posted by Catherine Foley on November 20, 2012 at 1:13 pm
The drums of war are beating loudly in northwest Africa. Over the last year, after a March coup d’état in the Malian capital of Bamako, the country has slipped towards failed-state status. The chaos in Bamako in the country’s south led to a vacuum in the country’s north. There are growing fears that al Qaeda-linked groups are moving to fill that vacuum. Today, military and security experts are beginning planning an intervention in Mali, to be led by regional militaries.
But, before the world rushes to intervene, planners should consider the sources of insecurity.
One of the major underlying drivers of conflict in this region is climate change. Since 2006, America’s generals and strategic planners have been calling climate change a “threat multiplier” or an “accelerant of instability.” Just two weeks ago, on November 1, the American Security Project released its Climate Security Report which detailed how climate change is harming American and global security. Today’s conflict in Mali is a prime example of that threat. A changing climate should be considered as a driving force that has allowed the coup and the rise of terrorist organizations.
This has important implications for planners. A military intervention may be able to restore stability in Mali but climate change will continue to increase instability among the country’s poor as agricultural yields decrease and water shortages become the norm. Mali is already among the 10 poorest countries in the world; climate change is exacerbating this poverty and insecurity.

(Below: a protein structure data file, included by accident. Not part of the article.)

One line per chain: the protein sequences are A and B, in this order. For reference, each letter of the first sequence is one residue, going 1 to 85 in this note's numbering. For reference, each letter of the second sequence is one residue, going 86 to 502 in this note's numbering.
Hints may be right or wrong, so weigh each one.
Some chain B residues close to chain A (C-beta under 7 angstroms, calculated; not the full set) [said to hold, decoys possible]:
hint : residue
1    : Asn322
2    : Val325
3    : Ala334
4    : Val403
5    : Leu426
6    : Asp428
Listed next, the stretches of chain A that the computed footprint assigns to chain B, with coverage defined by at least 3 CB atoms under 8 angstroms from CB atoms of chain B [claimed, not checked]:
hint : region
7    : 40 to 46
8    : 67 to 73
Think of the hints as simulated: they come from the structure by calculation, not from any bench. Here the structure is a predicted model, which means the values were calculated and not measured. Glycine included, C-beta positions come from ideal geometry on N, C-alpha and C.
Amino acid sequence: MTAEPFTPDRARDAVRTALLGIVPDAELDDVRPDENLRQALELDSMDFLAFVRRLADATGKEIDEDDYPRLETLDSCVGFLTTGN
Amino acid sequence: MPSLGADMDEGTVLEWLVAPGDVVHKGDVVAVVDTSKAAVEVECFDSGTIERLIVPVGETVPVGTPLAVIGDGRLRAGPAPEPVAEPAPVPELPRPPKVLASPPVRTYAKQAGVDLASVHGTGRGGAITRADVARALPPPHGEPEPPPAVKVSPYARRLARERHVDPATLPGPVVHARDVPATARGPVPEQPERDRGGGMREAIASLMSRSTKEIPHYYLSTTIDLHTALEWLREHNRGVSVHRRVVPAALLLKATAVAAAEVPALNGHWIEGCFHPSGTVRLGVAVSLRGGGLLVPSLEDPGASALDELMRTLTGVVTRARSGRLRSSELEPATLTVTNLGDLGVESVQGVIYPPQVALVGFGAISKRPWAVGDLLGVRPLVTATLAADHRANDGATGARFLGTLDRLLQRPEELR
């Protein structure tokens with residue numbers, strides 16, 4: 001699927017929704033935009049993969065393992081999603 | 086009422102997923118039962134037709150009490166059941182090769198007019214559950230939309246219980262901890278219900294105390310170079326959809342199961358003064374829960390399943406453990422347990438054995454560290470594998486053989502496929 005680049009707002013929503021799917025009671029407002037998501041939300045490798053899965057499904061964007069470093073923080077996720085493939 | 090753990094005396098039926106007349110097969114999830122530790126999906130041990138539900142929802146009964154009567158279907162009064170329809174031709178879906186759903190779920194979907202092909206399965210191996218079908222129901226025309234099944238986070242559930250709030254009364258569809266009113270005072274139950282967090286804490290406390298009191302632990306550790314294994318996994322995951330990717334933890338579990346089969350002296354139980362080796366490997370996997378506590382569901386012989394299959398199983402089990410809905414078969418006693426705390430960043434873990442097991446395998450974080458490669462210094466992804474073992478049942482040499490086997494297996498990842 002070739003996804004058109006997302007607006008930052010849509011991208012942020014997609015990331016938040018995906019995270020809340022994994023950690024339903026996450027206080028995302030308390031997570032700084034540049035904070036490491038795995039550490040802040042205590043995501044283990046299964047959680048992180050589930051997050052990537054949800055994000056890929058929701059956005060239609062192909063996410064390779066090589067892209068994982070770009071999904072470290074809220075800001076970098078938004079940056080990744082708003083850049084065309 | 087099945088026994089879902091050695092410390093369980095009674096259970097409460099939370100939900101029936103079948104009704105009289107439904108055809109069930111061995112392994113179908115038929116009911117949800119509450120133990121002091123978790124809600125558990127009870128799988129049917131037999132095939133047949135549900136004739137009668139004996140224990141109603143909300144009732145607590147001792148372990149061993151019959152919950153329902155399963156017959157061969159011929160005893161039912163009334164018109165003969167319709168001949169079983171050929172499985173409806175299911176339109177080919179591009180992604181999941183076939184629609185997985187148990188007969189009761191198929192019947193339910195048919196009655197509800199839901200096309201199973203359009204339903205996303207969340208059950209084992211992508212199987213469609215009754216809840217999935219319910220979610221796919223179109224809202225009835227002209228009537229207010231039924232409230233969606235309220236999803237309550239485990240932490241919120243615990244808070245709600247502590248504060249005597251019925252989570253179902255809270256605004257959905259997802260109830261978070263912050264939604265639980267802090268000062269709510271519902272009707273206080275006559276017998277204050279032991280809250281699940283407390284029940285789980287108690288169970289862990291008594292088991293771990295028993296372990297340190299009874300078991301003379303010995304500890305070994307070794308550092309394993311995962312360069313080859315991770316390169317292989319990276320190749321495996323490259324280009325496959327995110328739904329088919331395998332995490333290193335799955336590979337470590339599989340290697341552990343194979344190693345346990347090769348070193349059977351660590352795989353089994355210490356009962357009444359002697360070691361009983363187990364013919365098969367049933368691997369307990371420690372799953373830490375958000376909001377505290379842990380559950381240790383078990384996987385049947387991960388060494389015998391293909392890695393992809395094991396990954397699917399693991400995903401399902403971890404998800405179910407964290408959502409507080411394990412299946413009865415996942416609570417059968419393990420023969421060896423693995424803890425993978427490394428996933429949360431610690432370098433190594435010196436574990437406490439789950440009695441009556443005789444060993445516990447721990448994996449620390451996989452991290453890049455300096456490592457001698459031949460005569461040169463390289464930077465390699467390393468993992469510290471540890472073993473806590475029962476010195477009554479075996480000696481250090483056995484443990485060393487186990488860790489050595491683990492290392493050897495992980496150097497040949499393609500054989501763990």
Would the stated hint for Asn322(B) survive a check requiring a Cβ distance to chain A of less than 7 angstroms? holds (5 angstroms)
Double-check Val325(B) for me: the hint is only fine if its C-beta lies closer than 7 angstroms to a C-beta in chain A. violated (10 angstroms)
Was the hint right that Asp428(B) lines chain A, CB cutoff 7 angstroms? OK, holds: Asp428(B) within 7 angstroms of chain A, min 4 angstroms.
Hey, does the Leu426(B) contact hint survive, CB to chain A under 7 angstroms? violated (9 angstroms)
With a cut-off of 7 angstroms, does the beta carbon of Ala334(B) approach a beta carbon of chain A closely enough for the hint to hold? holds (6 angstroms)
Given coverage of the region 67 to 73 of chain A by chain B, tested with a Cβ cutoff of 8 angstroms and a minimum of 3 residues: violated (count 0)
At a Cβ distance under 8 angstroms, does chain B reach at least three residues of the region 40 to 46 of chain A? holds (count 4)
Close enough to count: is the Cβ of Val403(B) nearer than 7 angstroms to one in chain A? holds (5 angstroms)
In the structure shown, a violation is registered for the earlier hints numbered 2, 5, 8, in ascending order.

The underlying pressure from climate change means that military action will not be sufficient to tackle the problems Mali faces; a humanitarian and political agenda must work in tandem with military action to tackle the effects of climate that exacerbate instability across the region.
Climate change is the missing link to understanding the Mali crisis – it is not merely a peripheral issue. Today’s crisis in Mali is the perfect example of how climate change acts as a “threat multiplier” by exacerbating pre-existing tensions or trends.
Northern Mali and the surrounding Sahel region are burdened by chronic droughts. Nearly 15 million people in Mali are farmers or herders whose livelihoods are threatened as rivers shrink, fertile land turns to desert and insect infestations become more prevalent. We see that the effects of a changing climate are pushing thousands of people out of their villages towards urban centers and squeezing natural resources to their limits. This exacerbates existing tensions.
Climate change did not cause the coup or conflict: people start wars, not the weather. But, it certainly exacerbated existing feelings of anger and resentment in Mali. The Tuaregs, a traditionally nomadic group of herders who rely heavily on the land for their livelihood, have led the armed rebellion. They have been deeply affected by the changing climate. The Tuaregs have been calling for separation from the south for over two decades but have not been successful until recently. Climate change has strengthened, multiplied, and accelerated this already existing tension.
The government’s inability to confront the underlying issues led to greater threats and instability. The flow of heavy weapons from Libya into Mali was the most likely proximate cause of the successful uprising, but the roots of the tension come from the endemic poverty caused by a changing climate and the government’s lack of action. As thousands lack basic resources such as food and water, the Al Qaeda in the Islamic Maghreb (AQIM) offers the hope of stability to those looking for something more than poverty and hunger. This poses a direct threat to U.S. interests.
Understanding the effects of climate change in the Sahel region will be a key part of preparing an international response to the crisis.
The bottom line is that climate change didn’t cause the problems in Mali. However, it is an underlying factor that will prevent a long-term resolution unless it is addressed. Preparing for climate change must be an integral part of planning for a stable Mali in the future.
You can find more about Mali here.